Even when Wall Street is down, the bond sellers and other revenue producers still have to get paid. For 2008, though, financial-services firms are expected to decrease bonus pools by 40 percent to 50 percent from last year. Since the bonus represents the vast majority of annual income for most of the firms’ thousands of employees from lower middle management on up, these people will see their earnings slashed roughly in half.
“It is going to be a terrible pay year,” says Alan Johnson, managing director of Johnson Associates in New York, a compensation-consulting firm that specializes in financial-services firms. The industry is in a normal cyclical trough that has been severely compounded by the credit crisis, he notes.
Still, the level of pay decline won’t be much or any worse than was seen during other shaky financial times in recent memory, such as the early 1990s and 2002–2003, according to Johnson.
But his clients are saying that 2009 is not expected to be much better. “It isn’t that pay is going to drop a lot, then make a sharp quick rebound. Nobody believes that,” says Johnson.
While the firms will continue to reduce head count, some people likely will leave voluntarily after getting their bonus following the first quarter of next year. “This is a grinding business, and if pay drops a lot, people will reassess.”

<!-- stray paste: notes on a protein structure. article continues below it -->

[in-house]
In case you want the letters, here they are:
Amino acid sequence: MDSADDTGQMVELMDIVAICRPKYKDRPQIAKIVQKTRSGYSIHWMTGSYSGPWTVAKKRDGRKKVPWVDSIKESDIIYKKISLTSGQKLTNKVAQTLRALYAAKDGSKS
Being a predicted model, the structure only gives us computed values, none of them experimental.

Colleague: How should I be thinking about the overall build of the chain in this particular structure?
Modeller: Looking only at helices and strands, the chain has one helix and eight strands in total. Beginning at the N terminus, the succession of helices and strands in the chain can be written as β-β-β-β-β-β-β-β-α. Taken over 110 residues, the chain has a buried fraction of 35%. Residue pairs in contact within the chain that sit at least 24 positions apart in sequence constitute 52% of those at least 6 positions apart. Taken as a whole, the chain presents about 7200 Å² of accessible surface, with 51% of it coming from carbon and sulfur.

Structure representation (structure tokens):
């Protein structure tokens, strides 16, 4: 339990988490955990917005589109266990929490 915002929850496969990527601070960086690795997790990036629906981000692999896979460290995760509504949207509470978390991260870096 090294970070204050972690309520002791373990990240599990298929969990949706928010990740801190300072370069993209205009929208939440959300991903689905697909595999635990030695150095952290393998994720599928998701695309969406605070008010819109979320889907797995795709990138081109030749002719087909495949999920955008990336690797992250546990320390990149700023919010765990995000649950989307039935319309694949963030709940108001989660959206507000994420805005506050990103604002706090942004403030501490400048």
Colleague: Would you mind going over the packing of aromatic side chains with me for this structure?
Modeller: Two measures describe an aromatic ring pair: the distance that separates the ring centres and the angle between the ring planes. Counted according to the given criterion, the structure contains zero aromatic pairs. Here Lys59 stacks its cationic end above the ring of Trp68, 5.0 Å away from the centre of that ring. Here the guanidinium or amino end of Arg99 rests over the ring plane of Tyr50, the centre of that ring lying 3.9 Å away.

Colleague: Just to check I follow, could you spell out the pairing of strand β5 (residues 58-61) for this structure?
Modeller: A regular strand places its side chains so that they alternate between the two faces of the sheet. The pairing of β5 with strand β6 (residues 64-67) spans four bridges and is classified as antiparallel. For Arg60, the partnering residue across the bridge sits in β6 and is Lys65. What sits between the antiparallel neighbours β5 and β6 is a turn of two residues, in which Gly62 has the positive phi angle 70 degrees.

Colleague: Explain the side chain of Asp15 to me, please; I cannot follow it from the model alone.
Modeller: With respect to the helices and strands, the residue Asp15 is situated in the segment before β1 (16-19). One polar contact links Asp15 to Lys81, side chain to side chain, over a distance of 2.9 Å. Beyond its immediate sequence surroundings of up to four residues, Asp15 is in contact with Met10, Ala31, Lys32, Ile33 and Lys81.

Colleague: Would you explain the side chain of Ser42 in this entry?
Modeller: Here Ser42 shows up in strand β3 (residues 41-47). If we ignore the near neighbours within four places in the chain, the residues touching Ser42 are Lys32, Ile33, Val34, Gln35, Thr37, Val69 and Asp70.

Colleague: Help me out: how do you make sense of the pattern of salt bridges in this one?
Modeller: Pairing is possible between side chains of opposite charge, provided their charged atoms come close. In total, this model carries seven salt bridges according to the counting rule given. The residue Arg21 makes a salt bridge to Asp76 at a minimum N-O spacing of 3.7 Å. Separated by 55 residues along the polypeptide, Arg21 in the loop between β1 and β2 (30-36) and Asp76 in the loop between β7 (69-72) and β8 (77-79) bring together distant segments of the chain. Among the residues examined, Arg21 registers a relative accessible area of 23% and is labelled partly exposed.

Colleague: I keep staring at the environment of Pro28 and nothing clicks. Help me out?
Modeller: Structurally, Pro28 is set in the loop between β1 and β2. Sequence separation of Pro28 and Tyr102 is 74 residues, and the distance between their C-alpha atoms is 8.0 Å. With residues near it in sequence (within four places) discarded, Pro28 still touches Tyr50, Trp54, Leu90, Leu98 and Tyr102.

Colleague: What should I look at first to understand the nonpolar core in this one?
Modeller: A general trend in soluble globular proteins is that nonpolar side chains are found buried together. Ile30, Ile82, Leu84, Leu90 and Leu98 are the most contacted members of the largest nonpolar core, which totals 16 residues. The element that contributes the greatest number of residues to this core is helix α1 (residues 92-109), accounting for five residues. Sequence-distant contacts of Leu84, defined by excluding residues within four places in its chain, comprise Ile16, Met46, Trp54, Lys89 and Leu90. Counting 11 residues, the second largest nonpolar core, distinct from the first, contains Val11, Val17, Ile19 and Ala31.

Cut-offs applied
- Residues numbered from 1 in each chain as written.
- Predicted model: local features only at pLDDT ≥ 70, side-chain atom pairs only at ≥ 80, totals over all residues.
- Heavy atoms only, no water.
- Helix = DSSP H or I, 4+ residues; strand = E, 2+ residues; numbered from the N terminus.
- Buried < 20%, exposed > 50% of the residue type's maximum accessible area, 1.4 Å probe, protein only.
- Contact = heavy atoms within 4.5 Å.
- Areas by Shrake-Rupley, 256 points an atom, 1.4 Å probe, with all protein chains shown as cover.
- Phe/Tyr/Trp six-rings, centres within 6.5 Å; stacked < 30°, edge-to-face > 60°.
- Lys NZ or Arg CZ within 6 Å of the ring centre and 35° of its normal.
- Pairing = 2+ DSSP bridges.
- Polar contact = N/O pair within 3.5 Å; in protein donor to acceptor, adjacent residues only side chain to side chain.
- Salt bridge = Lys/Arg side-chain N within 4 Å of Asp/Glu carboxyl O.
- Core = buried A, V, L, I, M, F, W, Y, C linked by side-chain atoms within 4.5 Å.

Solid producers at Lehman Brothers and Merrill Lynch at least will be able to continue with their job at Barclay’s and Bank of America, respectively, and hope the credit markets and pay prospects pick up. That goes too for the approximately half of Bear Stearns managers who were absorbed by JPMorgan Chase.
Those who were let go are in a bind. Someone who made $1 million total at Bear Stearns in 2007 and was shown the door in March probably departed with about $100,000 to $150,000 in severance and bonus combined, according to Johnson. Meanwhile, senior executives at the financial firms likely will fare even more poorly than their subordinates: many will get very small or no bonuses, he says.